Only amid the most bizarre, most tawdry, most addictive election campaign in memory could the real story of 2016 be so effectively obliterated, namely, that with just four months left in the Obama presidency, its two central pillars are collapsing before our eyes: domestically, its radical reform of American health care, a.k.a. Obamacare; and abroad, its radical reorientation of American foreign policy — disengagement marked by diplomacy and multilateralism.
…What’s left of the Obama legacy? Even Democrats are running away from Obamacare. And who will defend his foreign policy of lofty speech and cynical abdication?
In 2014, Obama said, “Make no mistake: [My] policies are on the ballot.” Democrats were crushed in that midterm election.
Victor Davis Hanson commentary: Obama’s legacy will be soapbox of the left
Monday September 19, 2016 7:26 AM
On his recent Asian tour, President Barack Obama characterized his fellow Americans (the most productive workers in the world) as “lazy.”
In fact, he went on to deride Americans for a list of supposed transgressions ranging from the Vietnam War to environmental desecration to the 19th century treatment of Native Americans.
“If you’re in the United States,” the president said, “sometimes you can feel lazy and think we’re so big we don’t have to really know anything about other people.”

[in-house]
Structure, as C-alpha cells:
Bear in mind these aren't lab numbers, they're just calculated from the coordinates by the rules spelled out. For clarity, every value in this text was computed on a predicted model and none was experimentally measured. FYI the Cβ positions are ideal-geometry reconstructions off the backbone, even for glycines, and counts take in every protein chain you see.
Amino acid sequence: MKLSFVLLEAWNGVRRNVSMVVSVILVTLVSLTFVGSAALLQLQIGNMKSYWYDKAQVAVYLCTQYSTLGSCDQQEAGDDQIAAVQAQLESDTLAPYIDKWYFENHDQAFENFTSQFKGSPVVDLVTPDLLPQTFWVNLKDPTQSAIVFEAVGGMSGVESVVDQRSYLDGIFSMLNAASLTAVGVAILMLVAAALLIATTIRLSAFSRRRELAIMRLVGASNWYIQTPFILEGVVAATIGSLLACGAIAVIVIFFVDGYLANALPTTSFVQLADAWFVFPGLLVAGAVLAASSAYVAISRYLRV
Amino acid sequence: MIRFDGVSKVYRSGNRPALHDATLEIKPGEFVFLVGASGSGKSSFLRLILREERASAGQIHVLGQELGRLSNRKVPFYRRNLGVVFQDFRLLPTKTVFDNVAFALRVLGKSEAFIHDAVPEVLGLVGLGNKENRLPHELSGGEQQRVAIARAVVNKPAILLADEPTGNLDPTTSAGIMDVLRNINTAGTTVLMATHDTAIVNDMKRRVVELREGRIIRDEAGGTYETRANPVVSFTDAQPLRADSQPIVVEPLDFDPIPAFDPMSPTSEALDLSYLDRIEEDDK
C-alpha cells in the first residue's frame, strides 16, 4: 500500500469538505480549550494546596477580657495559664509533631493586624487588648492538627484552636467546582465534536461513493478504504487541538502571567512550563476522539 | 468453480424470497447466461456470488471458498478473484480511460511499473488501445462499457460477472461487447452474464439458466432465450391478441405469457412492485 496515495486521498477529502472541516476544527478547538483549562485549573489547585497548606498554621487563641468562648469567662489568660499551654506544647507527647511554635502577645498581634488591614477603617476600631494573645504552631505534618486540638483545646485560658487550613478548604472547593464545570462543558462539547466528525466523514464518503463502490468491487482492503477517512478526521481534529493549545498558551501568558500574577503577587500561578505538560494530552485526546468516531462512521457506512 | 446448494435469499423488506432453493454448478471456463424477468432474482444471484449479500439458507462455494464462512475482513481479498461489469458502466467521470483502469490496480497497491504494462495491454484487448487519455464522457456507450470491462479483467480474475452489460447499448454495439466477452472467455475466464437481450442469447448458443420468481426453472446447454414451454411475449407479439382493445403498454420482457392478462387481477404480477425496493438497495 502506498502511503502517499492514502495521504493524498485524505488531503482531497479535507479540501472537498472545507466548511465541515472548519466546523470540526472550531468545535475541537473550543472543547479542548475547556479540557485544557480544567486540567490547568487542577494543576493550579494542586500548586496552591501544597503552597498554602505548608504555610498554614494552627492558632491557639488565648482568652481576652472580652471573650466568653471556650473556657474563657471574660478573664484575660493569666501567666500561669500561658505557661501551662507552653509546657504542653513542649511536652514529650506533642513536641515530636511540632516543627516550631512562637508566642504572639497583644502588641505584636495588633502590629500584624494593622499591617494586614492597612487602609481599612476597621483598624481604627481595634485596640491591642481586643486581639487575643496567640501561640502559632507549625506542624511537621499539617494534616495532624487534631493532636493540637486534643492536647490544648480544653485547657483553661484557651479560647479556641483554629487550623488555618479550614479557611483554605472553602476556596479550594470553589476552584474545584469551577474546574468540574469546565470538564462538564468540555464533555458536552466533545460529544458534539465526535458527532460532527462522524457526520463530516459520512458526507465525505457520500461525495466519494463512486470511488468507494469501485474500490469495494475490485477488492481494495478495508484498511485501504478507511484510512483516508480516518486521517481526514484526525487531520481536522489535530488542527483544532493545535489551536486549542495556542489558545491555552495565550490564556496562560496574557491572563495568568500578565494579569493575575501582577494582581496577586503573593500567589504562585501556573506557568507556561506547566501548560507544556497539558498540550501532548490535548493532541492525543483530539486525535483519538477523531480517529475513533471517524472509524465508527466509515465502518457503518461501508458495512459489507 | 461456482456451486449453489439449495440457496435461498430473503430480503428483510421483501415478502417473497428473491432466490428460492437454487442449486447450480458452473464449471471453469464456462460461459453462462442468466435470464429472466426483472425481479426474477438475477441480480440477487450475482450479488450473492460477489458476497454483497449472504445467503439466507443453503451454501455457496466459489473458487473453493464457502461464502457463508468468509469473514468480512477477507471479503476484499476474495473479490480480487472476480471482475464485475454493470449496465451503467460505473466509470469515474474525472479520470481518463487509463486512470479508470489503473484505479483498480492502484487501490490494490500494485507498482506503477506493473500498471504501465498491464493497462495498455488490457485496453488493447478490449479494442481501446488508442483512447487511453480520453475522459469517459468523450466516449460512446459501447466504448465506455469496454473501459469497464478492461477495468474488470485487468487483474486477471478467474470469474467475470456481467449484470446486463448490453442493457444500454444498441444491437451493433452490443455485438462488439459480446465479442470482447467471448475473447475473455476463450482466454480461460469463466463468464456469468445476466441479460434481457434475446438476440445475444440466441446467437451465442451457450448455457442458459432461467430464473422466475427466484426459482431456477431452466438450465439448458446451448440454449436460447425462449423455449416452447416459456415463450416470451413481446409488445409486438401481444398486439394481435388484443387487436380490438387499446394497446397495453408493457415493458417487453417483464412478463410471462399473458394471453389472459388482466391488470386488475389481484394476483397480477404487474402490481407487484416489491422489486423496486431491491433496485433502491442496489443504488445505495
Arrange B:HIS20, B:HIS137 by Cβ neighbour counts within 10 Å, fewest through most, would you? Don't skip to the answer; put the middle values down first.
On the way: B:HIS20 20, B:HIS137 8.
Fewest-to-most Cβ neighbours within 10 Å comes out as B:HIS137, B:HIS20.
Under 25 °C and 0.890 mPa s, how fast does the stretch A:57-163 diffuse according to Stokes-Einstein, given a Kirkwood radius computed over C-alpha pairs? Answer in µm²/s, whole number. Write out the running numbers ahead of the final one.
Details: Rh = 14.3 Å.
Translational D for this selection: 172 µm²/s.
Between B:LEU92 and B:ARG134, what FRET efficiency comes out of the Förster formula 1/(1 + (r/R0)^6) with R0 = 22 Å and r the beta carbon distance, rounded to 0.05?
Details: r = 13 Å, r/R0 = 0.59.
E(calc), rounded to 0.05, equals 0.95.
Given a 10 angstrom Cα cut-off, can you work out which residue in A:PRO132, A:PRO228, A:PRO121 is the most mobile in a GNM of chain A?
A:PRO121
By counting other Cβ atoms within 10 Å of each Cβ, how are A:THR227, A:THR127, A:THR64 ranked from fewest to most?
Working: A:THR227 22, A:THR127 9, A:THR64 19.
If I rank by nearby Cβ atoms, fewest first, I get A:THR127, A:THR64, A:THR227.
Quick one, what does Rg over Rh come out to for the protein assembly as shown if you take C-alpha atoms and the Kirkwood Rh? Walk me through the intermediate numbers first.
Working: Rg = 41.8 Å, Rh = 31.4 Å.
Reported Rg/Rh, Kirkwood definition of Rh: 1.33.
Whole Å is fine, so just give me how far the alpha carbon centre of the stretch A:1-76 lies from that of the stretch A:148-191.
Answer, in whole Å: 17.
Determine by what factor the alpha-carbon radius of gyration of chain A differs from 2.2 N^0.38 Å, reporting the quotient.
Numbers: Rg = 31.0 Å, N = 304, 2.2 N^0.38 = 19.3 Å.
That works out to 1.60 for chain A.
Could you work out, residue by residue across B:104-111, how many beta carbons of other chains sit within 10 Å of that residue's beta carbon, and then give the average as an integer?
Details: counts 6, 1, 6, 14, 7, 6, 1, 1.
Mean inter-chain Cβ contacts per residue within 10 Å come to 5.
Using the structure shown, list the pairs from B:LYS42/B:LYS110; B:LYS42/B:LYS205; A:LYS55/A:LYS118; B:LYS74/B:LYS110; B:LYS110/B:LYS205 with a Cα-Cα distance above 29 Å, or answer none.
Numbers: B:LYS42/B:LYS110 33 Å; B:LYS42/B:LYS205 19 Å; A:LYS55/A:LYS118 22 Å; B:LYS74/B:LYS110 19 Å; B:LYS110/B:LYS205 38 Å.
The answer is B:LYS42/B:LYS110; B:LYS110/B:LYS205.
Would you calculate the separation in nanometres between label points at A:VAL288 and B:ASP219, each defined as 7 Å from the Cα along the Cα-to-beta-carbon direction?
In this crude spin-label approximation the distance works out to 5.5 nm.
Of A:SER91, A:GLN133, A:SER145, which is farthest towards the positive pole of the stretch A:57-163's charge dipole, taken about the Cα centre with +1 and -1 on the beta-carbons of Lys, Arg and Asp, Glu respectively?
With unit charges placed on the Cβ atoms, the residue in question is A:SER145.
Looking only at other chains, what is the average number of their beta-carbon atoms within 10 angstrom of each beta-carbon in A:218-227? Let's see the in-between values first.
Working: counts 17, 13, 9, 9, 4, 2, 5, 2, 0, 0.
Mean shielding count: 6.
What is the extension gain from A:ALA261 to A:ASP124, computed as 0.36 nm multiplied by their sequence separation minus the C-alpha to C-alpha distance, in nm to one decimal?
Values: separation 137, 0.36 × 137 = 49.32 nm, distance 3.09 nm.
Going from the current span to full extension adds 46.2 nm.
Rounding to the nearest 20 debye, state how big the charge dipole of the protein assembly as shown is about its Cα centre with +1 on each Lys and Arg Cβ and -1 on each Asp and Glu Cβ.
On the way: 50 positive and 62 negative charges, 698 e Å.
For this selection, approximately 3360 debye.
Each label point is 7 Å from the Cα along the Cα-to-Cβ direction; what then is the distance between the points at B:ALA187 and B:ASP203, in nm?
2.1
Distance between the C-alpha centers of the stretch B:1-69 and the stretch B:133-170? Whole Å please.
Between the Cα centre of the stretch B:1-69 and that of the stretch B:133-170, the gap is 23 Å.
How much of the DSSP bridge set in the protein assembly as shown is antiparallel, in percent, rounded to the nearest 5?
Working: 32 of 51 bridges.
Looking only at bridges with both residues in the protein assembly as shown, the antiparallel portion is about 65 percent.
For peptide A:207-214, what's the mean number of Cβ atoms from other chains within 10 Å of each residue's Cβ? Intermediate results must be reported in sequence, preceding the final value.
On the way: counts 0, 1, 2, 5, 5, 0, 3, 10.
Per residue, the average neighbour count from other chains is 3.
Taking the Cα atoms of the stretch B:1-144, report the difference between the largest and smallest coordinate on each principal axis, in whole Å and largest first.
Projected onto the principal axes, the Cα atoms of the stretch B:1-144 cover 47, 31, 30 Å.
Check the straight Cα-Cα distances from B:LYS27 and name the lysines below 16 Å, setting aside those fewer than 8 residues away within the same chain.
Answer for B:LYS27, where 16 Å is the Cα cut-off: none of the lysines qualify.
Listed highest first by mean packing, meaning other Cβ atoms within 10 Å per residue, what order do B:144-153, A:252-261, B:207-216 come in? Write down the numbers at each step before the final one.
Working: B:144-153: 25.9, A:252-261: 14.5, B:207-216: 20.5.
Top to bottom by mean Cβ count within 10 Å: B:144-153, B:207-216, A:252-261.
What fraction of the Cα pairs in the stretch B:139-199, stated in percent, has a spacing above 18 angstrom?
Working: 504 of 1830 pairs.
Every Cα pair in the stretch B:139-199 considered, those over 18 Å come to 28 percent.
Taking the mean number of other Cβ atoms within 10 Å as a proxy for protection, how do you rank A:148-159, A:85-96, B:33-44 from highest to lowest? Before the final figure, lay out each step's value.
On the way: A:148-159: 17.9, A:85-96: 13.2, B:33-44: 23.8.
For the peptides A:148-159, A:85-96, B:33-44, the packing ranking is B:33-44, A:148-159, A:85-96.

The attack on supposedly insular Americans was somewhat bizarre, given that Obama himself knows no foreign languages. He often seems confused about even basic world geography. (His birthplace of Hawaii is not “Asia,” Austrians do not speak “Austrian.”)
Obama’s sense of history is equally weak. Contrary to his past remarks, the Islamic world did not spark either the Western Renaissance or the Enlightenment. Cordoba was not, as he once suggested, an Islamic center of “tolerance” during the Spanish Inquisition; in fact, its Muslim population had been expelled during the early Reconquista over two centuries earlier.
Obama returned to his theme that ignorant Americans “typically” become xenophobic and racist: “Typically, when people feel stressed, they turn on others who don’t look like them.”
Most recently, Obama seemed to praise backup 49ers quarterback and multimillionaire Colin Kaepernick for his refusal to stand during the National Anthem, empathizing with Kaepernick’s claims of endemic American racism.